Watch the full speech: http://thefilmarchived.blogspot.com/2013/07/manufacturing-consent-thought-control.html
"Corporate media" is a term which refers to a system of mass media production, distribution, ownership, and funding which is dominated by corporations and their CEOs. It is sometimes used as a term of derision to indicate a media system which does not serve the public interest in place of the "mainstream media" or "MSM," which tends to be used by both the political left and the right as a derisive term.
Media critics such as Robert McChesney, Ben Bagdikian, Ralph Nader, Jim Hightower, Noam Chomsky, Edward S. Herman, and Amy Goodman suggest that such a media system, especially when allowed to dominate the mainstream media, inevitably will be manipulated by these same corporations to suit their own interests. These critics point out that the main national networks, NBC, CBS, and ABC, as well as most if not all of the smaller cable channels, are owned, funded, and controlled by an interconnected network of large corporate conglomerates and international banking interests, which they say manipulate and filter out news that does not fit their corporate agenda.
Noam Chomsky and Edward S. Herman have established a propaganda model which purports to explain this bias. The common misinterpretation of this model is that all bias is conscious and centralized. The process however is hypothesized to be decentralized and operates as a confluence of factors that includes the overt pressure from owners and advertisers, but also by the gradual internalization of the biases and values of the corporate owners, leading to self-censorship.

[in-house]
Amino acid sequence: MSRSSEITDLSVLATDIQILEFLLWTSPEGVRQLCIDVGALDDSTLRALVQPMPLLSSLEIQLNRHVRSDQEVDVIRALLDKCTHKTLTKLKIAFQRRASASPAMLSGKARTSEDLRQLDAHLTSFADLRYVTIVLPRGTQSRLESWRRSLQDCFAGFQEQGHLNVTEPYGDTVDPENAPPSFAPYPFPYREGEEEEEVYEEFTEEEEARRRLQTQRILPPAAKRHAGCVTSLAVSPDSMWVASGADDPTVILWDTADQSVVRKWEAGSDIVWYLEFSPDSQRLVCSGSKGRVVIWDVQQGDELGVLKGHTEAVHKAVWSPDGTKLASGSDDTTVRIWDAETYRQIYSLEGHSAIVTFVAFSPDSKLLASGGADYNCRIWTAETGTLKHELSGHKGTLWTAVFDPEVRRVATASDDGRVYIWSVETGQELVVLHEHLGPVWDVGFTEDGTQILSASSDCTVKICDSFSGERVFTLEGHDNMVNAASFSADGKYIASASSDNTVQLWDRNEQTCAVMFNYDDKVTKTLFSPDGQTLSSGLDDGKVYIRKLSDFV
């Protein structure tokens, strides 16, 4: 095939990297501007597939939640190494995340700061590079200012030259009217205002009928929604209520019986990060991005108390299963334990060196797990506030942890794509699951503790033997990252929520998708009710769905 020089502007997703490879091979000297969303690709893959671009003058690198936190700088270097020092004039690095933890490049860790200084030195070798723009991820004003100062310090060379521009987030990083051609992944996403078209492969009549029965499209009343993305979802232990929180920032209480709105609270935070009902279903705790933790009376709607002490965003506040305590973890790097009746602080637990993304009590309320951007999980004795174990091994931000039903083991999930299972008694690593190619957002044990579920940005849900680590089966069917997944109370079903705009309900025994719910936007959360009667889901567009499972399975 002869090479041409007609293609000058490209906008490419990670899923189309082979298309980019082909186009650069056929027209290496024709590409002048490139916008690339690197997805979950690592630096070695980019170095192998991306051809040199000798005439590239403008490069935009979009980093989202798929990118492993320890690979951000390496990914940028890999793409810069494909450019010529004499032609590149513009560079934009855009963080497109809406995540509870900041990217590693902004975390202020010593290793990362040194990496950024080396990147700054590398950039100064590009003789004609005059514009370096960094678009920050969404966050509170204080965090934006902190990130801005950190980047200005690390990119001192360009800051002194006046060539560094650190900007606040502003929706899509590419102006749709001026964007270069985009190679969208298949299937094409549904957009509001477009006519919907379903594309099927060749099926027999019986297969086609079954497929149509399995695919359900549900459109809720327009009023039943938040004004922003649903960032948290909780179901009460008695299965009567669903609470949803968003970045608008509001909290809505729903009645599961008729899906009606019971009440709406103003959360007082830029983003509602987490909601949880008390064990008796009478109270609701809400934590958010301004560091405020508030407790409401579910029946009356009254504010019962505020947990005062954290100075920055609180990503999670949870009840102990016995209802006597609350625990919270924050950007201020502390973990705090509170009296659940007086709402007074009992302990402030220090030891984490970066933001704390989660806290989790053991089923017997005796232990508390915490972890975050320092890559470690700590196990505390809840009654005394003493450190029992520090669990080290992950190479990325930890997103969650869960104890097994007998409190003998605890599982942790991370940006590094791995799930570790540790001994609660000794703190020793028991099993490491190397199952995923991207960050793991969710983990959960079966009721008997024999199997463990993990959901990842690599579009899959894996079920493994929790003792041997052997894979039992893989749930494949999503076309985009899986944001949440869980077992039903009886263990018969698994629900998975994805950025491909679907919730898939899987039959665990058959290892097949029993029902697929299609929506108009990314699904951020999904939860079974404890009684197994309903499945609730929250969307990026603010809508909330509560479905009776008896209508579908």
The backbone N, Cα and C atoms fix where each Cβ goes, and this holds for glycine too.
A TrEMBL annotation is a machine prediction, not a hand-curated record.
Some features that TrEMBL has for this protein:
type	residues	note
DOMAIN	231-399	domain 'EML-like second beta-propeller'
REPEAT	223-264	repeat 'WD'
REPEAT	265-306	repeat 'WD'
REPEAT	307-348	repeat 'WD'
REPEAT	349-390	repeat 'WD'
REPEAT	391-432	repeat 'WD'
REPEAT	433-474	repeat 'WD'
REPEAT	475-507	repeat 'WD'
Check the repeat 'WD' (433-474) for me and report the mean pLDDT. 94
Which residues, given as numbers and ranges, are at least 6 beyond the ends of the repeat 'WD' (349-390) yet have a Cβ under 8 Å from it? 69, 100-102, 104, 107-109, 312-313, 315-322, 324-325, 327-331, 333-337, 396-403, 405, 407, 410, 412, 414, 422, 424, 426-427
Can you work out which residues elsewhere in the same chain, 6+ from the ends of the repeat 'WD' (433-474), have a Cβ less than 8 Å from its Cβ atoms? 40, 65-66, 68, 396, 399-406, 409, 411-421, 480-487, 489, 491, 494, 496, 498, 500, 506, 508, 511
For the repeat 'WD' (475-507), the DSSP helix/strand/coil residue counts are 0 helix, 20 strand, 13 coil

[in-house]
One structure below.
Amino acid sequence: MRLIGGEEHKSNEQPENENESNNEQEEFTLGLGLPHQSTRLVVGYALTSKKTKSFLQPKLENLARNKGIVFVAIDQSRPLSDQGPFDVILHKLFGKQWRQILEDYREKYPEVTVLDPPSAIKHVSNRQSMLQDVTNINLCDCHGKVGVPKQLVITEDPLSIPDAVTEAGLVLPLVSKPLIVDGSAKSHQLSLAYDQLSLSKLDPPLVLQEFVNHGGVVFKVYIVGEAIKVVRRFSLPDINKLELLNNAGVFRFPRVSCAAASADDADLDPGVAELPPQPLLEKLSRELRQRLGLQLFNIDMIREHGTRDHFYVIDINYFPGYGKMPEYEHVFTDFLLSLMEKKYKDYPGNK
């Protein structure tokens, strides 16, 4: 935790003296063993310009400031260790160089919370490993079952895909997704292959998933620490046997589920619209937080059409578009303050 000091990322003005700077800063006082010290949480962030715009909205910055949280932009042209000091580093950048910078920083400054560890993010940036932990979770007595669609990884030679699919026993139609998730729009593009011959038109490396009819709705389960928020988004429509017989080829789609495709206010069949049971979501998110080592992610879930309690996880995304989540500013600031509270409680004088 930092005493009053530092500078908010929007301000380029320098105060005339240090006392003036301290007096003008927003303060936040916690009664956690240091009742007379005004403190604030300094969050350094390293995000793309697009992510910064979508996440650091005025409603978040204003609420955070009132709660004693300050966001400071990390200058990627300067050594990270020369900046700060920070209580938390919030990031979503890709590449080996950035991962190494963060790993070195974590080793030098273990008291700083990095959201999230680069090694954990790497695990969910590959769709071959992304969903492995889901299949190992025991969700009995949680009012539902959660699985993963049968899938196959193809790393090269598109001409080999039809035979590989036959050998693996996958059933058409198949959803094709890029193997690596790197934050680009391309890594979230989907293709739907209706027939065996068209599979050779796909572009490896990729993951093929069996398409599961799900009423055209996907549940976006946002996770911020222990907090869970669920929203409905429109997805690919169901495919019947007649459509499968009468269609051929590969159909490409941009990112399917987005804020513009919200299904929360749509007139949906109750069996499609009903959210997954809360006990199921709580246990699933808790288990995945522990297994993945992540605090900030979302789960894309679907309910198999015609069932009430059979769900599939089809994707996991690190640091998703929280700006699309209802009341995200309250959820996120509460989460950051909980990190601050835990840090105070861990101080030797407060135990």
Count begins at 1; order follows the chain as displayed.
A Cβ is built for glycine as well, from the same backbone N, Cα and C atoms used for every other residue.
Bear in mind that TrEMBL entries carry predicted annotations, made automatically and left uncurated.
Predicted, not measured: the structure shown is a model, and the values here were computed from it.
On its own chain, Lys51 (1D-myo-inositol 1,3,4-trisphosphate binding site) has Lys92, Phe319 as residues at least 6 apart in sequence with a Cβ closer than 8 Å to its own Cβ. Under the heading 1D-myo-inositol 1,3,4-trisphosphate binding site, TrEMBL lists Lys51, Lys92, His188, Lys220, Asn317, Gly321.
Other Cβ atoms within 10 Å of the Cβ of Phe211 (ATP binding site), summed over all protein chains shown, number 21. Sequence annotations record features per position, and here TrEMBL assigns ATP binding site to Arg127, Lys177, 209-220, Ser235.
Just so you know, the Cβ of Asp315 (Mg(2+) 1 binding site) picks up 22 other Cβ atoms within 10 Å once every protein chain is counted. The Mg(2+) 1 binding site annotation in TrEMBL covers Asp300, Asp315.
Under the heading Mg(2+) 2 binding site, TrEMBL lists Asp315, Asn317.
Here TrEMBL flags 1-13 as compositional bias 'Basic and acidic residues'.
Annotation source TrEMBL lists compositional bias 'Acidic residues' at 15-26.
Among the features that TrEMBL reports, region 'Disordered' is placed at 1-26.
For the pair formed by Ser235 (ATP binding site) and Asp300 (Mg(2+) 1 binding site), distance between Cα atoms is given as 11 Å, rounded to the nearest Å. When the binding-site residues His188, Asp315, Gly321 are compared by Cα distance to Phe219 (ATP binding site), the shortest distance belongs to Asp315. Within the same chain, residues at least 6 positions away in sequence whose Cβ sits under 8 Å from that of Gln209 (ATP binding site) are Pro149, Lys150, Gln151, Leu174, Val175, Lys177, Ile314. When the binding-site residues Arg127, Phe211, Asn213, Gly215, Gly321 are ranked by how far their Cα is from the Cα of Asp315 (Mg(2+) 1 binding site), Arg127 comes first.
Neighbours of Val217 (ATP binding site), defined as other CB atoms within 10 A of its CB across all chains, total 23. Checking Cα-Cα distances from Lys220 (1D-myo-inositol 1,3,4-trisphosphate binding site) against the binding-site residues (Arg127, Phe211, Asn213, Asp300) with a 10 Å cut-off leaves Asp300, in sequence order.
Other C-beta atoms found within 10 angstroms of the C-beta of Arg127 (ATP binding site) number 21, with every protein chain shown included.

Other factors include the tendency of journalists to avoid doing original research, instead obtaining news from the same few wire services, such as Reuters and Associated Press, which themselves tend to cover the same news under the same perspective. Due to the desire to reduce operation costs, the mainstream media favor news pieces that are pre-made by these news agencies instead of conducting their own reporting.
Public broadcasting includes radio, television and other electronic media outlets whose primary mission is public service. Public broadcasters receive funding from diverse sources including license fees, individual contributions, public financing and commercial financing.
Public broadcasting may be nationally or locally operated, depending on the country and the station. In some countries, public broadcasting is run by a single organization. Other countries have multiple public broadcasting organizations operating regionally or in different languages.
Historically, in many countries (with the notable exception of the US), public broadcasting was once the only form or the dominant form of broadcasting. Commercial broadcasting now also exists in most of these countries; the number of countries with only public broadcasting declined substantially during the latter part of the 20th century.